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John Ricks, Nebraska Tourism Director

The week after returning from IEDC in Indianapolis, I headed to the Cornhusker State for the 2019 Nebraska Tourism Conference hosted by Visit Nebraska. This was a big deal to me as I spent a great deal of my youth visiting relatives in Lincoln. My father went to the University of Nebraska, and I have been a lifelong Cornhusker fan.

My trip itinerary had me flying into Lincoln then joining my Nebraska tourism hosts for the drive west to North Platte. If you’ve never been to the state, I can you tell you it’s very flat. That’s fine unless you’re getting hit with 70mph crosswinds on the interstate. Then it’s terrifying. Fortunately, we made it safely to our destination, but the winds decided to stick around for the duration of the conference. It made for a blustery and chilly visit.

On the opening day of the conference, I had the honor of leading a round-table discussion for Sports Nebraska, the statewide collective of sports commissions and CVB sports sales managers. Co-moderators included Jim Steele, former South Sioux City Chamber President, as well as Derek Bombeck, Sales Development Manager of the Lincoln CVB and president of Sports Nebraska. In addition to discussing the state of Nebraska sports tourism, the round-table discussion also served as a learning platform for communities beginning to delve into the sports realm.

Sports Strategies Presentation at 2019 Nebraska Tourism Conference

On Day 2, I led a breakout session, “Sports Tourism as Economic Development.” During this presentation, I was able to expound upon many of the concepts that we had discussed during the previous day’s Nebraska Sports meeting. Lincoln and Omaha are widely recognized as major destinations for national events, but it was apparent that smaller communities also recognize the benefits of recruiting events and tournaments.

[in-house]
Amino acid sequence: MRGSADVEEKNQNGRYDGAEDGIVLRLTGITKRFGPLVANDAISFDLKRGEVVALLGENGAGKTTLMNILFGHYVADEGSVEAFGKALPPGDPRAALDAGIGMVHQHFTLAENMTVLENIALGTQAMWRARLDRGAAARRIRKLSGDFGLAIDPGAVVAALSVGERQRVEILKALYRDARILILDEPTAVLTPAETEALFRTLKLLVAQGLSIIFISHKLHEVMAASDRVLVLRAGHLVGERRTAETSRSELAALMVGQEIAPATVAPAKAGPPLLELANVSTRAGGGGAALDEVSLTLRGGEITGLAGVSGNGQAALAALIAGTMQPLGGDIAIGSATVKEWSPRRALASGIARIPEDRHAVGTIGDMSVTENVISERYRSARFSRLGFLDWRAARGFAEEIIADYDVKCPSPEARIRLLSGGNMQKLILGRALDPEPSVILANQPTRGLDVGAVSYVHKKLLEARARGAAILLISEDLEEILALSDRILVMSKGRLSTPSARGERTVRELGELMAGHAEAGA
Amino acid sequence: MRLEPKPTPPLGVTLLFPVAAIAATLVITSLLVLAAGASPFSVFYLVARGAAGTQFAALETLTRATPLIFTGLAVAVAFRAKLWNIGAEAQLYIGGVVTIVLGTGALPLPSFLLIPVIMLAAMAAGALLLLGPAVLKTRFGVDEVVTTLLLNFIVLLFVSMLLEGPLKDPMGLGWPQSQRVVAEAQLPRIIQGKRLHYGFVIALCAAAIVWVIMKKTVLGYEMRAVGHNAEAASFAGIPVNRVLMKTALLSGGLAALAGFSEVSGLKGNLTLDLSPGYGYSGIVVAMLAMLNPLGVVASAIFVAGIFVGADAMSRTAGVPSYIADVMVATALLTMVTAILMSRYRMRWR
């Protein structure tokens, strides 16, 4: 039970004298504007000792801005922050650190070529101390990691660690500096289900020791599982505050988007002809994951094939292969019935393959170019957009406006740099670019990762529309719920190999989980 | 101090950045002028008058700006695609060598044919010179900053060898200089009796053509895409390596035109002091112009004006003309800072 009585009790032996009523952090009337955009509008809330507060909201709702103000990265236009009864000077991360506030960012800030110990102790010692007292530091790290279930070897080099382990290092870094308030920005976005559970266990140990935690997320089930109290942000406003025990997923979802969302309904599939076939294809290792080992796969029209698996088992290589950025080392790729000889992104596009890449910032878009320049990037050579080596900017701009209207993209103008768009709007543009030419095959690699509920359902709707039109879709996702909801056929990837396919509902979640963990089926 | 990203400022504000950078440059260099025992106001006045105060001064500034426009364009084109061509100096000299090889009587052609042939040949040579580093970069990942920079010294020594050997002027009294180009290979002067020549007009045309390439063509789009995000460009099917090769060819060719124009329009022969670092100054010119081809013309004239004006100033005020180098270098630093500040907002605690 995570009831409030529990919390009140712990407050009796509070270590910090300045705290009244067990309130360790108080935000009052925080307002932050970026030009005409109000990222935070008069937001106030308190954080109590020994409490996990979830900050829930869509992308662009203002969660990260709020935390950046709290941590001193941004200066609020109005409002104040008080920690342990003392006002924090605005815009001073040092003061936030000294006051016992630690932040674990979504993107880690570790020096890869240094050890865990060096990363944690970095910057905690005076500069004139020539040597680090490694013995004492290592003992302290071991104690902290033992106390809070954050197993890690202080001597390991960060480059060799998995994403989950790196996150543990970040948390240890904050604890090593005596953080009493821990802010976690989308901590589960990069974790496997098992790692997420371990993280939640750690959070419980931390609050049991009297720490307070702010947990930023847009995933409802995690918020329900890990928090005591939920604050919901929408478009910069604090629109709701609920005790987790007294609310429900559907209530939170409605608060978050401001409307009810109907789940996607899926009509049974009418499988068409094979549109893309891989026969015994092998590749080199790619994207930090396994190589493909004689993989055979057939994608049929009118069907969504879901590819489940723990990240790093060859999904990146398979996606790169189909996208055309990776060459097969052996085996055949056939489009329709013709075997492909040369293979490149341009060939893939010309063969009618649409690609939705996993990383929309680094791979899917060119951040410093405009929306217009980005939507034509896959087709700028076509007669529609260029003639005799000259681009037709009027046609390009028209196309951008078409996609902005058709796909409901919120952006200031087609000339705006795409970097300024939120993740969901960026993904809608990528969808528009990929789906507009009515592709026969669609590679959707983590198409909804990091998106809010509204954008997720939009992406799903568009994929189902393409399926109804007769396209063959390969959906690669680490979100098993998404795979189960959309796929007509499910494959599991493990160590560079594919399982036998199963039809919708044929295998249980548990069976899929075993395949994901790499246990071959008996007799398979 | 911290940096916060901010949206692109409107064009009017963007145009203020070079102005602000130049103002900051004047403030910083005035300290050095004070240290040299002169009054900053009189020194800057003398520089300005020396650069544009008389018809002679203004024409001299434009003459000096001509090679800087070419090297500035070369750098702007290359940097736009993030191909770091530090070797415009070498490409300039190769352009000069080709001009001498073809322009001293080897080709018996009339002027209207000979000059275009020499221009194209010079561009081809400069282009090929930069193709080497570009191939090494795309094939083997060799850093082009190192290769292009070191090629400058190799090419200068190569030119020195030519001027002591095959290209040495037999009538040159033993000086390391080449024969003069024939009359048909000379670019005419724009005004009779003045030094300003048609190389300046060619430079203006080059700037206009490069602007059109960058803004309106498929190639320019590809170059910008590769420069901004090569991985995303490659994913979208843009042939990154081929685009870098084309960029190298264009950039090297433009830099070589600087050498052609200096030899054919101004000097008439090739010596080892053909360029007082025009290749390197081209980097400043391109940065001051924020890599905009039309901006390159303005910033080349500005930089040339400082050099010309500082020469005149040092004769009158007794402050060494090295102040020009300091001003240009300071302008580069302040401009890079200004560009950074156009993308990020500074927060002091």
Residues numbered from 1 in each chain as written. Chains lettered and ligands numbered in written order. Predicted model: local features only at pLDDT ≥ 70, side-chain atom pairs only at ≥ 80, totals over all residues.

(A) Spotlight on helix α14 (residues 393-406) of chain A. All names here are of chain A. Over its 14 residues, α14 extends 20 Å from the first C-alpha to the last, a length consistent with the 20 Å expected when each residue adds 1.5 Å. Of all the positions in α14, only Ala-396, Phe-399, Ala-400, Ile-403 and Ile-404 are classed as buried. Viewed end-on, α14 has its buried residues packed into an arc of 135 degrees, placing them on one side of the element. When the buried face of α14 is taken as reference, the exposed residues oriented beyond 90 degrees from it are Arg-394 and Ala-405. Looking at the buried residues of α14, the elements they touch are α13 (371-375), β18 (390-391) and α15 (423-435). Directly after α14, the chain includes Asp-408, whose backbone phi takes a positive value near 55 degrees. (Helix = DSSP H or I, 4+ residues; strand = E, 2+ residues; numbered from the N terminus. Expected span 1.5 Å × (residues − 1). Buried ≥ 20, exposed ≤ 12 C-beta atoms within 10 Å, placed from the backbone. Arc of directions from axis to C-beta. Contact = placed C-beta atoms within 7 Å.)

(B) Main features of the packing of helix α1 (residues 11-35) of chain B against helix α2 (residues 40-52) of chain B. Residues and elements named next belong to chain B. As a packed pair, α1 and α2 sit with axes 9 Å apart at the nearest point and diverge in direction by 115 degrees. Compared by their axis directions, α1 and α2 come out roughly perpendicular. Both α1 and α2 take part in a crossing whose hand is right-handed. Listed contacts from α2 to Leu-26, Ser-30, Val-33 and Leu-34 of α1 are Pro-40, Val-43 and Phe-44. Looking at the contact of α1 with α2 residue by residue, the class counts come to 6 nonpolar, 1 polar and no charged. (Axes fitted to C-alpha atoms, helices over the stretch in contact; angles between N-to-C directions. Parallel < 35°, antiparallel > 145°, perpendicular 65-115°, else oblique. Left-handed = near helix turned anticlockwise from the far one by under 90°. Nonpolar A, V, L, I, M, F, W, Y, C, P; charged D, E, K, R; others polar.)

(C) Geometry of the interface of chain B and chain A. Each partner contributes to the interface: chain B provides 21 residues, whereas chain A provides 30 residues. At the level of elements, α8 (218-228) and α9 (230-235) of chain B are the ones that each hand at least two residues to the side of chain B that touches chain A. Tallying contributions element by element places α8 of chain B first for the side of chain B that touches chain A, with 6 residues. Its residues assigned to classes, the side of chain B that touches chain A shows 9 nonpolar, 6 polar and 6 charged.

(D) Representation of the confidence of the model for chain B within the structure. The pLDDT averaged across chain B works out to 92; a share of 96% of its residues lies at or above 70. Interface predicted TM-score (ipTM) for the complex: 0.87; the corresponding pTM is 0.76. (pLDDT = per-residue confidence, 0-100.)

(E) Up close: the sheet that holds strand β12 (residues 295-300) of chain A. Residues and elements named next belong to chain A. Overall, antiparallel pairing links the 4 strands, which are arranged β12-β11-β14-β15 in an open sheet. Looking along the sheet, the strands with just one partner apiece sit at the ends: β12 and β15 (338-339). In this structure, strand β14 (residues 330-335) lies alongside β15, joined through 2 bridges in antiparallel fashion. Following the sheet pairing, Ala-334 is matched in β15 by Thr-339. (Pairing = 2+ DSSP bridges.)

The smaller Nebraska communities are capitalizing on natural assets over sports complexes while keeping up with national trends, as evidenced by the number of gravel cycling events popping up on the miles of dirt roads that cover the state. The trip to North Platte was excellent. I’d be remiss not to mention the incredible hospitality of the Visit Nebraska team, especially conference organizer Callie Austad.

Gov. Polis

I was able to attend the Colorado Bicycle Summit this last week which was hosted by Bicycle Colorado, a non-profit group focused on bicycle advocacy in the state. It was a great time to mingle with the advocacy side of the sport of cycling, reconnecting with people I hadn’t seen in a while and meeting new people from the non-profit cycling sector in Colorado.

We had the new Governor, Jared Polis, as an opening speaker and he had a great talk on how important bicycle infrastructure was to the state.  It is amazing how much cycling industry exists in Colorado and all were there in full force.

The keynote speaker was Rebecca Rusch—Red Bull world championship athlete and star of the Emmy-winning film Blood Road who spoke at length about her time in endurance sport.